Physiotherapy is currently taught via multiple modalities including lectures, tutorials, demonstrations and hands on training in practical classes. In some cases, students can have difficulty in learning clinical reasoning in physiotherapy. Clinical reasoning can be particularly difficult to simulate and to augment with pedagogical technology as it requires students to critically review clinical decisions which is often brief and implicit. The best practice for learning such skills typically involves a class of students observing an expert therapist conducting a consultation with a real patient (or a surrogate patient). However, such settings do not make the therapist's clinical reasoning explicitly available to students who rely on written notes and sketches.
This project aims to enhance student learning in physiotherapy via an augmented learning environment titled the ‘Augmented Studio’ developed using projectors and Microsoft Kinect sensors to enable projections of an anatomy model onto a moving body for practical physiotherapy classes. Anatomical knowledge about human movements comes to life as the instructor asks the patient to perform simple to complex movements to demonstrate the kinesiology understanding of muscles, joints, and bones in the body. The patient body becomes a live canvas for the instructor to illustrate clinical reasoning. Using a tablet interface with pen input, the instructor can draw annotations directly on the virtual body, which are rendered in real time on the patient’s body. With the Augmented Studio, the researchers explore the capability of creating virtual annotations, to identify certain anatomical structures or to illustrate the joints or muscle connections to teach students. Currently the instructor uses still photos, figures, and diagrams which do not capture the real time and complex dynamics of human movements.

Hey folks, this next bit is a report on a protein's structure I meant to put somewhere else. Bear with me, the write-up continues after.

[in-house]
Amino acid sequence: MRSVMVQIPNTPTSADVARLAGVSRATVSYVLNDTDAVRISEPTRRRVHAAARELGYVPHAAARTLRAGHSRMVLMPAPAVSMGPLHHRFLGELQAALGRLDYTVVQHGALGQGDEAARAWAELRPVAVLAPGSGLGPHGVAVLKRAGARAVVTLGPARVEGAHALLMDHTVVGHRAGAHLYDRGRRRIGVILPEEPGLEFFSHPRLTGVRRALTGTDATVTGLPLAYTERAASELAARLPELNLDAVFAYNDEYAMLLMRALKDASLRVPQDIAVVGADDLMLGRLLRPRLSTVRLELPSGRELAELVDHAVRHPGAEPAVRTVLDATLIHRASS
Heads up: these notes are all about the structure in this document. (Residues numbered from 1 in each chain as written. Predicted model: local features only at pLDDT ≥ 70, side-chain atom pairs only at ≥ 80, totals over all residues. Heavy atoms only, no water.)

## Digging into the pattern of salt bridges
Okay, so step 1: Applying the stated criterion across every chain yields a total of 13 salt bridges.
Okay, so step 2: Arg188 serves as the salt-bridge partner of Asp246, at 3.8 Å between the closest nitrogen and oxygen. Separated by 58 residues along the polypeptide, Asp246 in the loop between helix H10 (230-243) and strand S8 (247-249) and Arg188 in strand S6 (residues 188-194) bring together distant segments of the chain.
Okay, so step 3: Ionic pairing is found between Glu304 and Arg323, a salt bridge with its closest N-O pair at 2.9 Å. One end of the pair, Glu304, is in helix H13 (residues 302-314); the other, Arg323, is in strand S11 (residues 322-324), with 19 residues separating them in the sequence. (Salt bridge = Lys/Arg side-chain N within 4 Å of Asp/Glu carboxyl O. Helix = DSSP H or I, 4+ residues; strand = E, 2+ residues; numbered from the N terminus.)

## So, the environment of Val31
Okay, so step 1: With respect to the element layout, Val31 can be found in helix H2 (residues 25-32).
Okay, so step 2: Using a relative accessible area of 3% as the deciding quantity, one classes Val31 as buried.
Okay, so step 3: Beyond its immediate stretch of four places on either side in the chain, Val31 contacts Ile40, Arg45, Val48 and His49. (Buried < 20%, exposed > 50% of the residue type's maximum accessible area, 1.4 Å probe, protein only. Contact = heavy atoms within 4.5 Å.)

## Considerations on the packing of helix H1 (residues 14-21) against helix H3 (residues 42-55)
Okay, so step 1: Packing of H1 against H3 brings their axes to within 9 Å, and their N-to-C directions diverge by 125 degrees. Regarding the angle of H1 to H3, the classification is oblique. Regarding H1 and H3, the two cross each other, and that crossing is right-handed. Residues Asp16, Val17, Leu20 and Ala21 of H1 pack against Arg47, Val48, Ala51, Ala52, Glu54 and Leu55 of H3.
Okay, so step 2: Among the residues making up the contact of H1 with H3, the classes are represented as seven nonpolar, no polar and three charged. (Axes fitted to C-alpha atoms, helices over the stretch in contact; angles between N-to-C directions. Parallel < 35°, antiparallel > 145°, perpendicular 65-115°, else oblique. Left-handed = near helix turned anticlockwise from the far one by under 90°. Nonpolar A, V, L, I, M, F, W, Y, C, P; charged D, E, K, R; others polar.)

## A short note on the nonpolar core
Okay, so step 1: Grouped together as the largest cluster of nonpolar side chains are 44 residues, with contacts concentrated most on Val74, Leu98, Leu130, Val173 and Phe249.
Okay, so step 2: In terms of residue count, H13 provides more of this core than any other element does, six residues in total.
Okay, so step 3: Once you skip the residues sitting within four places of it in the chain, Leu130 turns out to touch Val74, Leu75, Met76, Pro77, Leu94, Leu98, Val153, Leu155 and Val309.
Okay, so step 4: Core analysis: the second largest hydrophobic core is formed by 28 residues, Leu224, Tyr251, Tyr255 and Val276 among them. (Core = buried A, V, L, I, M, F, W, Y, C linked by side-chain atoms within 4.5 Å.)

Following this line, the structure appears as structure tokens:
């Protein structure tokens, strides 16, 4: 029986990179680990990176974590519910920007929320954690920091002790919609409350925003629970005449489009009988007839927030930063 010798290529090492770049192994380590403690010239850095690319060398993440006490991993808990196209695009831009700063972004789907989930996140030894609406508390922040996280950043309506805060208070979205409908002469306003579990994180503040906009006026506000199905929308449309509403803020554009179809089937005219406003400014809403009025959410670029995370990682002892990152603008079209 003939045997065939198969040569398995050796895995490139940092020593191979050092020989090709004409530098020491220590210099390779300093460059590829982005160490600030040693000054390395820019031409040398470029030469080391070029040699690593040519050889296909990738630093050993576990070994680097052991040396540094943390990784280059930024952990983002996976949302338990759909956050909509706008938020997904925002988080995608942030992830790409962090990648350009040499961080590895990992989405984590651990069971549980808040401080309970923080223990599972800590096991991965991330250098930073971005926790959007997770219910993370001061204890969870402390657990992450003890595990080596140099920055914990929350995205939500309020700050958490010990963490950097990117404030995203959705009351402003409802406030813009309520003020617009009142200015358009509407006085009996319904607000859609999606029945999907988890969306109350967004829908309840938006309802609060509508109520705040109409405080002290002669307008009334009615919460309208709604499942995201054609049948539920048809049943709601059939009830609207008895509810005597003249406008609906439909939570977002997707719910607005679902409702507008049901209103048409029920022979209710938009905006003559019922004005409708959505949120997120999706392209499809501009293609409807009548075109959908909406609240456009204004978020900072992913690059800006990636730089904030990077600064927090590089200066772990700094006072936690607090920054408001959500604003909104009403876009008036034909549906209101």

Augmented reality based learning and teaching presents an innovation of novel pedagogical practice delivering benefits to both the staff and the students. The student learning experience is enhanced in multiple ways with the usage of the augmented reality learning environment, with augmented kinaesthetic information and annotated information provided by the instructor to support interactive observation with augmented visualisation for better clinical understanding of human anatomy and musculoskeletal structures. This will enhance appreciation by students of dynamic change in anatomical configuration of the body through 3 dimensions and the ability to track a full motion and change throughout range. The project aims to deliver positive learning outcomes for the students by enabling experiential learning and increased connection with the learning materials, lessons and the instructor, catering for both tactile and visual learning, and encouraging cognitive and clinical reasoning.
This project is a collaboration between the Microsoft Research Centre for Social Natural User Interfaces (SocialNUI) in the Department of Computing and Information Systems and the Department of Physiotherapy at the University of Melbourne.
Thuong Hoang, Research Fellow, Microsoft Research Centre for SocialNUI, University of Melbourne
Frank Vetere, Professor & Director, Microsoft Research Centre for SocialNUI, University of Melbourne
Zaher Joukhadar, Lead Software Engineer, Microsoft Research Centre for SocialNUI, University of Melbourne
Martin Reinoso, PhD Candidate, Microsoft Research Centre for SocialNUI, University of Melbourne
Louisa Remedios, Associate Professor, Department of Physiotherapy, University of Melbourne
David Kelly, Lecturer, Department of Physiotherapy, University of Melbourne
Egemen Tanin, Associate Professor, Department of Computing and Information Systems, University of Melbourne